My name is Brian Hoh,
and I'm the James and Bridgette Marino Family Professor
and Chair of Neurosurgery in the Lillian S. Wells
Department of Neurosurgery at the University of Florida.
This chapter is on prevention,
carotid endarterectomy, angioplasty, and stenting.
I have no disclosures.
I have no commercial interests,
and there will be no discussion of non-FDA-approved for off-label devices or drugs.
Every year, nearly 800,000 people in the United States suffer a stroke.
Stroke is the third leading cause of mortality and
the leading cause of disability in the United States.
On average, every 40 seconds,
someone in the United States has a stroke,
and back in 2010,
the direct and indirect costs of stroke were over $143 billion,
factoring in inflation and the escalation of costs,
this is likely much higher today in 2019.
20 percent of strokes are due to carotid stenosis.
There were three prospective randomized clinical trials that
studied carotid endarterectomy for symptomatic carotid stenosis,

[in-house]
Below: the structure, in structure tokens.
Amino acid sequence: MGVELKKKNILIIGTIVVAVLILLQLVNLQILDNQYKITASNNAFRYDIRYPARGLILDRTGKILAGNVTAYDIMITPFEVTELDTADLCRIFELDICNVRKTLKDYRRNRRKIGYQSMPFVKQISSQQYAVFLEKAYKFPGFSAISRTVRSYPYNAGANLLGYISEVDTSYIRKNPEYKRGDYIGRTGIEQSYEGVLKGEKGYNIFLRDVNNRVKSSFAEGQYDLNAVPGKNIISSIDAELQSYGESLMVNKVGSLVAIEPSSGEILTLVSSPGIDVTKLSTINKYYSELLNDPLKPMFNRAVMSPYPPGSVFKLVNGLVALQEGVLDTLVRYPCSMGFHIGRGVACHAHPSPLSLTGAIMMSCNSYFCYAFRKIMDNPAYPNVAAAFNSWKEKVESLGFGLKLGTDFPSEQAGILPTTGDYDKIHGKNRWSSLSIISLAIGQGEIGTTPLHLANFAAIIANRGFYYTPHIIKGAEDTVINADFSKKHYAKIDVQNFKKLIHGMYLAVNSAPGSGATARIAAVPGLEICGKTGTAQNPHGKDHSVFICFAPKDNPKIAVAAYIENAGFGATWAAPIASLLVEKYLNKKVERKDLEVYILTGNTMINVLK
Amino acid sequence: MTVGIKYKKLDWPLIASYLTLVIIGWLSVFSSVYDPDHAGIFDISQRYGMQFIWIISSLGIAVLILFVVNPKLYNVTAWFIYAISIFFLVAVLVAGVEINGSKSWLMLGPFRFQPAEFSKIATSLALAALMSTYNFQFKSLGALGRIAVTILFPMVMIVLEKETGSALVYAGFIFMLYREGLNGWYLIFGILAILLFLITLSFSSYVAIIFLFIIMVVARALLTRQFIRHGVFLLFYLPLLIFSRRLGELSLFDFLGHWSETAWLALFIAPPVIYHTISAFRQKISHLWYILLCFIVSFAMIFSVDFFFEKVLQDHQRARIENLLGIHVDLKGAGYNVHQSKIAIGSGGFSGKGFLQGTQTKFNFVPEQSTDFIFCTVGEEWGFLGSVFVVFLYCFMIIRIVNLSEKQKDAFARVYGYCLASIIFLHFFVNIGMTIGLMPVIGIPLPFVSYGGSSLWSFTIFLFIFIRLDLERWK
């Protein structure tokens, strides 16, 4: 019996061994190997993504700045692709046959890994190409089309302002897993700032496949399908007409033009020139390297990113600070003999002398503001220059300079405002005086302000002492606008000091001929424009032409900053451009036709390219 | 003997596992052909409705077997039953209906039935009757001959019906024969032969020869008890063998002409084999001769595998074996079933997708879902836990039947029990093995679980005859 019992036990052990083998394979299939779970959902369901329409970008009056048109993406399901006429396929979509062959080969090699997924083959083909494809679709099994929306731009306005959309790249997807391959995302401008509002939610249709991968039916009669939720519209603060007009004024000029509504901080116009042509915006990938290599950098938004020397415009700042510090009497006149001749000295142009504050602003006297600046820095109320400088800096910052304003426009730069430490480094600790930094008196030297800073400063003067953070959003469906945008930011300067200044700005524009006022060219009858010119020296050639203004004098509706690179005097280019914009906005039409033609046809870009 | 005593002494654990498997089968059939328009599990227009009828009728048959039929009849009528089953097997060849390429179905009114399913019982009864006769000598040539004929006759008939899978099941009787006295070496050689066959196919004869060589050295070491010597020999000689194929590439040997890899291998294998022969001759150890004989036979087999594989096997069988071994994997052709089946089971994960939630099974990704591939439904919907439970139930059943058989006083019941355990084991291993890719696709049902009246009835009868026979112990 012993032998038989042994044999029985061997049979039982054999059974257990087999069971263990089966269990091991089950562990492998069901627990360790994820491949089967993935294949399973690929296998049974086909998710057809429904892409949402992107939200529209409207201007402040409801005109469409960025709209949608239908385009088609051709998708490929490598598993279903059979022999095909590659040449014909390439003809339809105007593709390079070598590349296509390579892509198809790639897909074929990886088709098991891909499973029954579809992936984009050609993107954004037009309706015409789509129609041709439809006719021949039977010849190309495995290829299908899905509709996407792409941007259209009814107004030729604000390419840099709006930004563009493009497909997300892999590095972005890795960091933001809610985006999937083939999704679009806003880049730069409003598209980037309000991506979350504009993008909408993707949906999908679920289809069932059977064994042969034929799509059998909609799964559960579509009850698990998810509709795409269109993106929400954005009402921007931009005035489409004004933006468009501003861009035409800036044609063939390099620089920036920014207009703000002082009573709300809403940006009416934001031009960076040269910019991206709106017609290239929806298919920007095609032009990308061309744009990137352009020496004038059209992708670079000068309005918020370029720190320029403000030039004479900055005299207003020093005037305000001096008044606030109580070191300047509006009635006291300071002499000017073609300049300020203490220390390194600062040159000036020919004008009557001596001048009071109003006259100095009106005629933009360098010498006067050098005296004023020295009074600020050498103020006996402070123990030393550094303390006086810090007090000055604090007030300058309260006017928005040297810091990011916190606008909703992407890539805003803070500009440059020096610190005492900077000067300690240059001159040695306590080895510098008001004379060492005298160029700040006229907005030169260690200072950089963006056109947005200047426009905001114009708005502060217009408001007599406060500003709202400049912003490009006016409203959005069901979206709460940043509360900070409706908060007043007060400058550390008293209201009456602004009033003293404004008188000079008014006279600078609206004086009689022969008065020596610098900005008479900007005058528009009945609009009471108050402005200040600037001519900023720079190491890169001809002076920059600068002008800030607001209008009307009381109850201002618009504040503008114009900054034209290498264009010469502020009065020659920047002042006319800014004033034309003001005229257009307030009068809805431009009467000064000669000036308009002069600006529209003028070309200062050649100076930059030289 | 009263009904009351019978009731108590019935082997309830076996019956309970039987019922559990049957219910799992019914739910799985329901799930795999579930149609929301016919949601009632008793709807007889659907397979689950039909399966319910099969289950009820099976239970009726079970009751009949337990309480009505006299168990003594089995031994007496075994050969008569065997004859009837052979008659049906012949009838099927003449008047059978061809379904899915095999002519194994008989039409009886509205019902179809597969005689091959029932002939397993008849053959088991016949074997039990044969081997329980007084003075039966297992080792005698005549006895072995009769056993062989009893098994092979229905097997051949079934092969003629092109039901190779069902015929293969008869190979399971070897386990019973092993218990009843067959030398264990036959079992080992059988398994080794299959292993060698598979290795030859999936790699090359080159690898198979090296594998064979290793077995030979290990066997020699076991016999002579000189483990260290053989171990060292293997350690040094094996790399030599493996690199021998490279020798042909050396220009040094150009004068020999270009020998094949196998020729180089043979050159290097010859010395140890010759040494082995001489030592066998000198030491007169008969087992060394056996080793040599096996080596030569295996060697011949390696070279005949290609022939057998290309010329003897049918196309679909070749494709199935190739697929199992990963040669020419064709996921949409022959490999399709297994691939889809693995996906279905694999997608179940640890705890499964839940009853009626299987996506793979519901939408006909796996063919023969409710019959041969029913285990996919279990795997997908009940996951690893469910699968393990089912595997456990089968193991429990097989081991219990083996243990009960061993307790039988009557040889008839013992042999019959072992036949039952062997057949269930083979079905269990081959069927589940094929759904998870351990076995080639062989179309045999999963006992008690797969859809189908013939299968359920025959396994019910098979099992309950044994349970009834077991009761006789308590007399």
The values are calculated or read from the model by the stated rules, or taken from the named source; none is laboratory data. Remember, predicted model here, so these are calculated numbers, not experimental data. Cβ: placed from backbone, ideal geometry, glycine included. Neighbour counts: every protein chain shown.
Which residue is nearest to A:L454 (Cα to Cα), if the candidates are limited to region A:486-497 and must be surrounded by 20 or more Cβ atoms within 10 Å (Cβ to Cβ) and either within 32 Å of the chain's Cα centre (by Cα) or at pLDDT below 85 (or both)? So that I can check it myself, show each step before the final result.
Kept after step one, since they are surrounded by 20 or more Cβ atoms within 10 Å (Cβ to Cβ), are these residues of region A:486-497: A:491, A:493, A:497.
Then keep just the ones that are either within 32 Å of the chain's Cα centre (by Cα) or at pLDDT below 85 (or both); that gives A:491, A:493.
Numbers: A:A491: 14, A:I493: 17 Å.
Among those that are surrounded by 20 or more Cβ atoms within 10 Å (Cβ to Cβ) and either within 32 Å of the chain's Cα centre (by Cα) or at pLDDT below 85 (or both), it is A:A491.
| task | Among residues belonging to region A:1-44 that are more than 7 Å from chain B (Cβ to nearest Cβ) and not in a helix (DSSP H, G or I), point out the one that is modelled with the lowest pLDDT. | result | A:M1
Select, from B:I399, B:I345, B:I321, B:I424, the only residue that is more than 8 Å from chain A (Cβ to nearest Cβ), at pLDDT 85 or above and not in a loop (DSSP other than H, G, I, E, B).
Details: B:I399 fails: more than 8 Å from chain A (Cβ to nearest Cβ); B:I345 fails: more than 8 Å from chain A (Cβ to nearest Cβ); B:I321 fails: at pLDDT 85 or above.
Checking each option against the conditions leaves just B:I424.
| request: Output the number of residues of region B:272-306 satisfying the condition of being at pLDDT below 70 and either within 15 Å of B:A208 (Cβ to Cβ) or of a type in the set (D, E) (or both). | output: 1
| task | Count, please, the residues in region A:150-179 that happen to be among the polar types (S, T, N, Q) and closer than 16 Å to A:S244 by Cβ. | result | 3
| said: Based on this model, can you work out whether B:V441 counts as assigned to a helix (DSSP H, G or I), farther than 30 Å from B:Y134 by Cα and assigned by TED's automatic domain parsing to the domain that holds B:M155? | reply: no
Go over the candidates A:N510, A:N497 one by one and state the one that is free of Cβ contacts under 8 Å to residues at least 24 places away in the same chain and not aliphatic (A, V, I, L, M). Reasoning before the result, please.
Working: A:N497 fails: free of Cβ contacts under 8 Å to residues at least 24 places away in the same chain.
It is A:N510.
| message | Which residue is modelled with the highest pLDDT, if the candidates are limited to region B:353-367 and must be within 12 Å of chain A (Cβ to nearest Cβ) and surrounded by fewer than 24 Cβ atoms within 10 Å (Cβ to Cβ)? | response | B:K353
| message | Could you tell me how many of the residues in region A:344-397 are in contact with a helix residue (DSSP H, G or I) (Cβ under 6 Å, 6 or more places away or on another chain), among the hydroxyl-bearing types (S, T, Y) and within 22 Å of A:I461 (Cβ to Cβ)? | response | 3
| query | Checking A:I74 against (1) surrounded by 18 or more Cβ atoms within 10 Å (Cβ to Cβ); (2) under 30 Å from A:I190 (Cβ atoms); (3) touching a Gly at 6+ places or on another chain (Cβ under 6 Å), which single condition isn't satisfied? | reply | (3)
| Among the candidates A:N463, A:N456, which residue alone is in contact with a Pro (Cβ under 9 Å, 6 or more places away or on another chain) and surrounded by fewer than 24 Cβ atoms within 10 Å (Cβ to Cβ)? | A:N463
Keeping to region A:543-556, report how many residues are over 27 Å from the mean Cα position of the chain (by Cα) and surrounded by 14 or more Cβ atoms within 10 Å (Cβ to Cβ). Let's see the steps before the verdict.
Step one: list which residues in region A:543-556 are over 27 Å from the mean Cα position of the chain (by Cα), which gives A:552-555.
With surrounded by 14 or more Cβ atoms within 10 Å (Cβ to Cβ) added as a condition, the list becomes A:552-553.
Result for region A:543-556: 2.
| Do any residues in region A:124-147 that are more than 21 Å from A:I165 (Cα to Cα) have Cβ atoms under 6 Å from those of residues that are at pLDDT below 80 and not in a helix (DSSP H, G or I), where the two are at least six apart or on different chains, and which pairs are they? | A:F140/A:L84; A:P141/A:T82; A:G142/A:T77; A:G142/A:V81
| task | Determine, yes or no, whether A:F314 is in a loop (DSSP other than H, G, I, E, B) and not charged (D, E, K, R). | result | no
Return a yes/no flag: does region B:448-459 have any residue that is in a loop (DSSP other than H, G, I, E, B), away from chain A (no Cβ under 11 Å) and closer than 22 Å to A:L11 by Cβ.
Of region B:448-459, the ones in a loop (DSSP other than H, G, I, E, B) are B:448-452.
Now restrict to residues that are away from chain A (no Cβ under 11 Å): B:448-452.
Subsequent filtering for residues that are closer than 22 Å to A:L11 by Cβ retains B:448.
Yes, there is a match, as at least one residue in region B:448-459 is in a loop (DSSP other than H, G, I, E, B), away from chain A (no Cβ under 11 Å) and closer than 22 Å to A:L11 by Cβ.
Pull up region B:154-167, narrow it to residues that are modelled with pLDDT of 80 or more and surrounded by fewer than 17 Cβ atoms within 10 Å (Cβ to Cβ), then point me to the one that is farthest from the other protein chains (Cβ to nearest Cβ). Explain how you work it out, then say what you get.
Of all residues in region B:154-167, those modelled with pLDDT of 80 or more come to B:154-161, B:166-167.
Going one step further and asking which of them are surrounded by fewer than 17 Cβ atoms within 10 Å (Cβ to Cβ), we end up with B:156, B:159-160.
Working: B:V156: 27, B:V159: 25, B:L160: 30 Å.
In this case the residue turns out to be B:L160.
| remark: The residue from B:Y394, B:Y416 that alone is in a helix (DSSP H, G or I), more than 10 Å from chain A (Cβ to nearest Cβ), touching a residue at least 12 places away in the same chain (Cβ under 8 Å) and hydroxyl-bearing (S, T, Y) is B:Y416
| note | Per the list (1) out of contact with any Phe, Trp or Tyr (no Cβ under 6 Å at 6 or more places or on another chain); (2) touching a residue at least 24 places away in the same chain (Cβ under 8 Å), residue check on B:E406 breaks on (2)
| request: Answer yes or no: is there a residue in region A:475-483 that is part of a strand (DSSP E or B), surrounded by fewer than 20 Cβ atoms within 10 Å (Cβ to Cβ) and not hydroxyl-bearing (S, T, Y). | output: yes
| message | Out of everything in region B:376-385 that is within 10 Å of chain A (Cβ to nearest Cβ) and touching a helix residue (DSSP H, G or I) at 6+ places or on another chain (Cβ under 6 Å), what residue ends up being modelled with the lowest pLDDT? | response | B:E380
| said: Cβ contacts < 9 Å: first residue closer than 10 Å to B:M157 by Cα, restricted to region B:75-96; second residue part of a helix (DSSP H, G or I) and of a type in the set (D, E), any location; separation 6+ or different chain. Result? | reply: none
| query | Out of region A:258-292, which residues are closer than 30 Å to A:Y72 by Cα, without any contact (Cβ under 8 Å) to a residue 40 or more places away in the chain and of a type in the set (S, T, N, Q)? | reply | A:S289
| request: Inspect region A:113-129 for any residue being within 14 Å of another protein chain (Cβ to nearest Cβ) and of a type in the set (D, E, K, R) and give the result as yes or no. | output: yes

Nascet, the European Carotid Surgery Trial,
and the Veteran Affairs trial.
In this chapter, we will discuss the NASCET trial.
The North American Symptomatic Carotid Endarterectomy Trial studied
the beneficial effects of carotid endarterectomy in
symptomatic patients with high-grade carotid stenosis.
In this trial, 659 patients with greater than 70 percent symptomatic carotid stenosis
among 50 sites in North America were randomized
to optimal medical care versus carotid endarterectomy.
Life table-estimates of cumulative risk of
ipsilateral stroke at two years were determined,
and in the medical arm,
there was a 26 percent risk of stroke at two years
compared to nine percent at two years with carotid endarterectomy.
A statistically significant finding with a p-value of less than 0.001.